Sidhi, Madhya Pradesh: “Mood gehen ha karza ma. Jitni kamai ni ha, us se jyada byaaz badh rha har mahine (The head is weighed down in debt. The interest I pay each month is far beyond what I earn).”
The thin, tired frame of Ram Sajeevan Rawat, 45, was testament to the burden of the Rs 24,000 he owed a money lender, the amount almost 70% of his approximate annual income as a construction worker.
Rawat may have to repay far more because there is no loan agreement, so the moneylender will decide what Rawat must return as interest. He could charge anything. Rawat confessed he would not know.
Speaking in a dialect of Hindi and Gondi called Bagheli, spoken by almost 60% of the people in Madhya Pradesh (MP), Rawat has another name: Sankha Kol, after the Adivasi Kol tribe to which he belongs.
As his two names indicate, he inhabits two worlds, and the money he borrowed comes from the world outside his village and tribe, where the moneylender lives.
Sankha Kol lives with his family—wife, two sons and younger daughter—in a village called Madwa, home to about 350 families, in the eastern district of Sidhi, 552 km west of state capital Bhopal and 30 km from the district headquarters of the same name.
He earns Rs 300 a day, as and when he gets work, about eight to 10 days a month. Business is better in the summer and rainy months when he repairs the leaking terraces of kuccha or semi-permanent houses.
Sankha Kol is one of thousands of uncounted people living at or below the poverty line—the vast number, Adivasis from tribal communities—ensnared in debt traps laid by illegal moneylenders.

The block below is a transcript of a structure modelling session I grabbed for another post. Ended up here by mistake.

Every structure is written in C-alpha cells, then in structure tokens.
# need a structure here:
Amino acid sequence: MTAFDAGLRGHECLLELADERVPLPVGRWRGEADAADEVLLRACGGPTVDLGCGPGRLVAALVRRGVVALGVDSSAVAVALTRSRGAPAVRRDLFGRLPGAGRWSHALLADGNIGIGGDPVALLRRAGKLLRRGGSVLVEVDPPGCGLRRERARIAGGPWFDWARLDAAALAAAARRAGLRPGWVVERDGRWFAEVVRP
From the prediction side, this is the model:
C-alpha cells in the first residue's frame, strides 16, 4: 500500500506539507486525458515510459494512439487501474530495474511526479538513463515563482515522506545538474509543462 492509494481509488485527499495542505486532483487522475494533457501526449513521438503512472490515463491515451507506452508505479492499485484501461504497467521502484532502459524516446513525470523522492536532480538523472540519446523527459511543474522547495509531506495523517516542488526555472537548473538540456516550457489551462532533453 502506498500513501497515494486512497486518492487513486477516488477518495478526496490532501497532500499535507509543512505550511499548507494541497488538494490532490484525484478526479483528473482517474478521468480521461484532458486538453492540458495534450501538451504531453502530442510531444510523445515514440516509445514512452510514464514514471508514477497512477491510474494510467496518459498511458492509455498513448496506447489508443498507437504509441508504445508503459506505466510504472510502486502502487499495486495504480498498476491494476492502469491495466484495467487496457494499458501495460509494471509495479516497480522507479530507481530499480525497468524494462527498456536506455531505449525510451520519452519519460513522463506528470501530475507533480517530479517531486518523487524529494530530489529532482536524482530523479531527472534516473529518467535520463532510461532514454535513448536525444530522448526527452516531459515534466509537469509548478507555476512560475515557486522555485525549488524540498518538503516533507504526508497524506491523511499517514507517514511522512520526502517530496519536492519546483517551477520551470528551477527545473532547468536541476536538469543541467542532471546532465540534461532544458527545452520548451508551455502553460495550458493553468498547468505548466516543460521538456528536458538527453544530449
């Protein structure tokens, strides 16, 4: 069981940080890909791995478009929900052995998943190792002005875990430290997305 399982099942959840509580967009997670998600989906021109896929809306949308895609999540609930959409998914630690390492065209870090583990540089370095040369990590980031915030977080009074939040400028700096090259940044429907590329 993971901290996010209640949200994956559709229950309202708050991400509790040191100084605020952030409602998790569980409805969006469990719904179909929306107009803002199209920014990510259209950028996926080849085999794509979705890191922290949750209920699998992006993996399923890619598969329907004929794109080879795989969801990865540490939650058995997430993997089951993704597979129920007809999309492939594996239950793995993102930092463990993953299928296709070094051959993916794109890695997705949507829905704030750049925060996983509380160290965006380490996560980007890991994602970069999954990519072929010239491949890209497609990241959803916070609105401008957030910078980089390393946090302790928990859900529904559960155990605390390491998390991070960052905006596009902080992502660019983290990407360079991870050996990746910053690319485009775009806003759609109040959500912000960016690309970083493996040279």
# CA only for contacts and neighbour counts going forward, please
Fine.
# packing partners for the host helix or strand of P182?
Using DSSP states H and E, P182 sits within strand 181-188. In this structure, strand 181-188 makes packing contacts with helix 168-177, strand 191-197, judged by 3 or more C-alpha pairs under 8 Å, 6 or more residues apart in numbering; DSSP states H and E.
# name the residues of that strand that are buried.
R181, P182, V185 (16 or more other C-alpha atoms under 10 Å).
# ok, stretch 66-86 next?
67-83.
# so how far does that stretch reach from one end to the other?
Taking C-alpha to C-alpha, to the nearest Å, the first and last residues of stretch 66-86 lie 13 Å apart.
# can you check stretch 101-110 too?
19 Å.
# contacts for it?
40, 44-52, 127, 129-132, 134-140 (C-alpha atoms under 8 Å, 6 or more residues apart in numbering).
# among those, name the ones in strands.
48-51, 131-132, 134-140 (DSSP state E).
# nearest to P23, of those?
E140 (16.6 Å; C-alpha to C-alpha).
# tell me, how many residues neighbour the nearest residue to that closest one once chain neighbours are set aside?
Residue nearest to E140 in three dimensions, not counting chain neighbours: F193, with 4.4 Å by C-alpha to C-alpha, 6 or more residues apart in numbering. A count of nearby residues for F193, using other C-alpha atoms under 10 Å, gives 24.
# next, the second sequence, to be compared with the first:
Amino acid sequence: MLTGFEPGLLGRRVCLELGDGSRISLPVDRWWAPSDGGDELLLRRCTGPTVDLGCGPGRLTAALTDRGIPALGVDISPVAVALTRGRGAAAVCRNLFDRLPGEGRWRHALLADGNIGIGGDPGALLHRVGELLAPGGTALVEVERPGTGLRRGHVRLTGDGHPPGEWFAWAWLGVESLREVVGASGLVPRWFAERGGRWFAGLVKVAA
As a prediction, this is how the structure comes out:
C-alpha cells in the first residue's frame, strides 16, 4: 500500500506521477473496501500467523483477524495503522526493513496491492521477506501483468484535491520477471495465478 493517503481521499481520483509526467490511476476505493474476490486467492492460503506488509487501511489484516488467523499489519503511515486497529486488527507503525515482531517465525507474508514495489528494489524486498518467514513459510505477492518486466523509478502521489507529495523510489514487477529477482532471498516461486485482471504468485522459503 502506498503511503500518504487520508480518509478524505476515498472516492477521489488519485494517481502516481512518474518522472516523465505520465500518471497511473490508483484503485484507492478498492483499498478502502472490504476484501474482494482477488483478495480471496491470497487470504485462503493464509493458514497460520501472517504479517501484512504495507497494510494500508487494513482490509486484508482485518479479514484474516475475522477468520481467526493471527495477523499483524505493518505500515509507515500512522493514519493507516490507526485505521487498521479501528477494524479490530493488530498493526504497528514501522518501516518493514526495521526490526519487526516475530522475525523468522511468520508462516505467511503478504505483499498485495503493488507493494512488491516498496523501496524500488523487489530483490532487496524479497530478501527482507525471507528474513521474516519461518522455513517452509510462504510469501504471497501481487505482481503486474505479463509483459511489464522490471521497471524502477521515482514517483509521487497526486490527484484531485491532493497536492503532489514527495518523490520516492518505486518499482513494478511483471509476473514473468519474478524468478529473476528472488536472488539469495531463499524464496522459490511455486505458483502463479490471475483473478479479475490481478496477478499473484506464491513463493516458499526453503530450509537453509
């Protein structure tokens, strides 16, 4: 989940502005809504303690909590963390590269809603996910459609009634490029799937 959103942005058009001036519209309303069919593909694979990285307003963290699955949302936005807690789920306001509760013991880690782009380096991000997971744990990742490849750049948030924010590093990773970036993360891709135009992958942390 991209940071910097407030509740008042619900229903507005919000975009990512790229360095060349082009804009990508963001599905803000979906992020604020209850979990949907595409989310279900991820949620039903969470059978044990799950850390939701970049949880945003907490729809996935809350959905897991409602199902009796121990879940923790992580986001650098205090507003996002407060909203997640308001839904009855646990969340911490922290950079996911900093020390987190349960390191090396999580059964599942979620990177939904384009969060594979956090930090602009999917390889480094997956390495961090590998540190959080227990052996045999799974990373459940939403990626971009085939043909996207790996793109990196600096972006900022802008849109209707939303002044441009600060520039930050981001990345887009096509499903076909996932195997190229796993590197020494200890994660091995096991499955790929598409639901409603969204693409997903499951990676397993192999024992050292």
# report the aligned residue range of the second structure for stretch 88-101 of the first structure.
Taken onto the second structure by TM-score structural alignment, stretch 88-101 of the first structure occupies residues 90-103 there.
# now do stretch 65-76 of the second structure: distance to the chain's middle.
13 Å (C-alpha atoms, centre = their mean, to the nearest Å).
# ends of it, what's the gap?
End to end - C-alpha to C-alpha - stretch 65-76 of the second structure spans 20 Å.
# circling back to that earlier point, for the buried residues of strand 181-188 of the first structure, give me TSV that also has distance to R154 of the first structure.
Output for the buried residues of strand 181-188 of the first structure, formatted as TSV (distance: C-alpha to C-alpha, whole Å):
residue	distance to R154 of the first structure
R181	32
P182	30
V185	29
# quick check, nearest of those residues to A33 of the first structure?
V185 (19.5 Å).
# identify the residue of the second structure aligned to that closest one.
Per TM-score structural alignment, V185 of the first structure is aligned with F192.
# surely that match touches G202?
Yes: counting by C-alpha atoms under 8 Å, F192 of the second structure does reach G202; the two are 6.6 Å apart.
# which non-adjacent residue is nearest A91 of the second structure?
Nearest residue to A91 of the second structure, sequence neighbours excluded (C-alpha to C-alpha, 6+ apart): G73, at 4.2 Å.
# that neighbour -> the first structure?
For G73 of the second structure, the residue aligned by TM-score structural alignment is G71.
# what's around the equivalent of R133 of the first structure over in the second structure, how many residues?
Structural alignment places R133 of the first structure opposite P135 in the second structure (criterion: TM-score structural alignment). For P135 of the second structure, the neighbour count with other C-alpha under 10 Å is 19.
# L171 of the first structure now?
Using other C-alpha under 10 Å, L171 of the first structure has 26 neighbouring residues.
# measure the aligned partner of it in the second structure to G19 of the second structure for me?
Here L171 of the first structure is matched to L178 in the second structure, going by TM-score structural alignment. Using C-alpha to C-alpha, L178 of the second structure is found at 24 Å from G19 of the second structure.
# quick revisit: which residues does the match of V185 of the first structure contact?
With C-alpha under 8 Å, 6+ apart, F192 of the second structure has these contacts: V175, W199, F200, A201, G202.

A 2019 survey by the National Centre for Financial Education, a nonprofit, found that only 23% of people in MP were financially literate enough to understand how to manage their money. In a 2018 report, Crisil Inclusix, a financial inclusion index launched in 2013 by analytical ratings and research company Crisil, ranked MP 25 out of 36 states and union territories on financial inclusion.
Sankha Kol’s situation is not uncommon. Rural and semi-urban MP has been in the grip of illegal moneylenders for decades, with the first law to tackle usurious lending first formalised 87 years ago in 1934.
The reason his story is now relevant is because the state government has amended that law and is now trying to end such money lending, but, as we found, without much success because it has not considered the details of and flaws in the implementation of its new policies
Laws Tightened, On Paper